If they do see you and you feel safe, go through the process of turning the key on and off so that you can start your motorcycle again. Hold the clutch and push the start button and try to start moving forward. As I mentioned earlier, when starting on a hill it’s important to give it more gas than what you were expecting.

This can be a little uncomfortable if you aren’t used to it, but giving it a good amount of gas while being very slow and steady with the clutch is how you prevent yourself from stalling again. If you are struggling and simply cannot get yourself to start your motorcycle going uphill, you’ll need to walk your bike to the closest flat spot so you can get yourself going again.

How To Properly Brake When Going Uphill

Braking while going up hill is just as important as starting, and as I mentioned earlier, when you’re on a hill, you should always be prepared to stop.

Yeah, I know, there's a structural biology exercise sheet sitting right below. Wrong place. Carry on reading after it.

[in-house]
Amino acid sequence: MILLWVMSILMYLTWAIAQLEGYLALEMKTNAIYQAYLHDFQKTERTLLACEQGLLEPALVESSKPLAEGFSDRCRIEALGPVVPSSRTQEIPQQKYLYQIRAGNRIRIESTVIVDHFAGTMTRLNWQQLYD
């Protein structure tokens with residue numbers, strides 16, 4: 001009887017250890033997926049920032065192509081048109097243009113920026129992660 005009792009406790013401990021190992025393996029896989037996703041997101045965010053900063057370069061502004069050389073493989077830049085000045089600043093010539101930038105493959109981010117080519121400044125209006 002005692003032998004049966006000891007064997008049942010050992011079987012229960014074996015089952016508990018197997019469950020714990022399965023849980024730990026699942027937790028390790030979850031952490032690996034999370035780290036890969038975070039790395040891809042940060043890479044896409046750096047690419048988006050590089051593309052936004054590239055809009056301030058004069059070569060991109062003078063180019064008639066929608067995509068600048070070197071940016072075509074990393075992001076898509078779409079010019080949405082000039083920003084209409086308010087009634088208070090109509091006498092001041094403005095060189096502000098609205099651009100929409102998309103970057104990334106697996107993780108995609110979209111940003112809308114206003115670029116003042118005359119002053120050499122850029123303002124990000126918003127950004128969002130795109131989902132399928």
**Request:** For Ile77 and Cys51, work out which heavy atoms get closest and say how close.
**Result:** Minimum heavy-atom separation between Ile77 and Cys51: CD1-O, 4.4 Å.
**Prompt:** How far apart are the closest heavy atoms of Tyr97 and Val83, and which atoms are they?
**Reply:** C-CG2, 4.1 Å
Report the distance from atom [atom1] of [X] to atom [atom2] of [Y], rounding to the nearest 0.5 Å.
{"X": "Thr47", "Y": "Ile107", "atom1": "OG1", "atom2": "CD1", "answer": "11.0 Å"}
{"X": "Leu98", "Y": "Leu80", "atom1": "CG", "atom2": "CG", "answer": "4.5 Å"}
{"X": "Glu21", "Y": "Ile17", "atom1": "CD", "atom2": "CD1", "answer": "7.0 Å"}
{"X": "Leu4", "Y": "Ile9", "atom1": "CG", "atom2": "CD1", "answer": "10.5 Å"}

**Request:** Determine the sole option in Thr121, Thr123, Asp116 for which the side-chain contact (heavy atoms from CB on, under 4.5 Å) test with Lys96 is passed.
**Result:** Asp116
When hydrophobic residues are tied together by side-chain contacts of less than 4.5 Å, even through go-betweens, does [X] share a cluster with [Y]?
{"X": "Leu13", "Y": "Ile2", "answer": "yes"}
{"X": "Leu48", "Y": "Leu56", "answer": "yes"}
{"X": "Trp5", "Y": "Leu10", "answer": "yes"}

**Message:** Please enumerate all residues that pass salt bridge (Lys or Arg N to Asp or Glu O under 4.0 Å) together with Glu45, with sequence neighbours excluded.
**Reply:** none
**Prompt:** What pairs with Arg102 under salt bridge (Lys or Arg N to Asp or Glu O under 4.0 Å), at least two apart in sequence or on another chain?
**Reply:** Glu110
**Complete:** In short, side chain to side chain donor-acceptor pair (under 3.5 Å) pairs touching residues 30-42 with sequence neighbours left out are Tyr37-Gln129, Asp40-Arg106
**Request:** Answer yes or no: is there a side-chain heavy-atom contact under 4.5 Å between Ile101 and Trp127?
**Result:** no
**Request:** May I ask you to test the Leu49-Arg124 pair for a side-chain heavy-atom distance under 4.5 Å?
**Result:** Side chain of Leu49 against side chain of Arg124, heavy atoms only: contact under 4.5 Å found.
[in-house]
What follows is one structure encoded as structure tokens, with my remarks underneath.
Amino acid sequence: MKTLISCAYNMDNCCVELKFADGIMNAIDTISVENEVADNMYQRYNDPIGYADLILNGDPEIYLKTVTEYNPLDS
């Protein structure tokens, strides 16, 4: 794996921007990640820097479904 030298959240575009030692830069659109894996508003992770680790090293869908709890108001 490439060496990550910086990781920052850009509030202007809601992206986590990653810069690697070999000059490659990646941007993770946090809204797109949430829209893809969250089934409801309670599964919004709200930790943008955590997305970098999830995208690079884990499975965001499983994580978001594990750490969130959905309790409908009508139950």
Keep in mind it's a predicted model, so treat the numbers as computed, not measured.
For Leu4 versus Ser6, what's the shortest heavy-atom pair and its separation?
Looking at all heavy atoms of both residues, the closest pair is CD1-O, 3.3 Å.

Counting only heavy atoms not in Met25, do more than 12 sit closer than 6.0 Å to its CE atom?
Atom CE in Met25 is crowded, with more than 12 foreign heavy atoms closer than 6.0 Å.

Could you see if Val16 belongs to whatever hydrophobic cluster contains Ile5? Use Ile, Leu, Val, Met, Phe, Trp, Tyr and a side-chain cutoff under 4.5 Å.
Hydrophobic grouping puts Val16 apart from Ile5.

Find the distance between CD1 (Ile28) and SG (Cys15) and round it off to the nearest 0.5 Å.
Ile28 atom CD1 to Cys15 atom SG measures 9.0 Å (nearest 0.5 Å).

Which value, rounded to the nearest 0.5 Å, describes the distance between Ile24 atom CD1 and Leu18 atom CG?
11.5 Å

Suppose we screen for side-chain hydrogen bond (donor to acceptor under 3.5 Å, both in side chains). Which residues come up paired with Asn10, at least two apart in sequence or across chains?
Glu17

When stopping on a hill, there are several things to keep in mind. First, is your foot on solid ground? You want to double check that your foot isn’t sliding onto some loose pavement or into a pot hole. You need to put your foot on smooth pavement when coming to a stop.

Also, if your bike has a higher seat, you want to make sure you’re not just left to the tips of your feet when stopping. It’s a good idea to practice sliding to one side of your bike so that you can flat foot one of your feet.

And to reemphasize, make sure that you are using both the front and the rear brake, not so you can stop quickly, but so that when you stop you won’t roll back down the hill. Riding uphill can be difficult, and just like any other riding technique, it requires practice until you’re confident.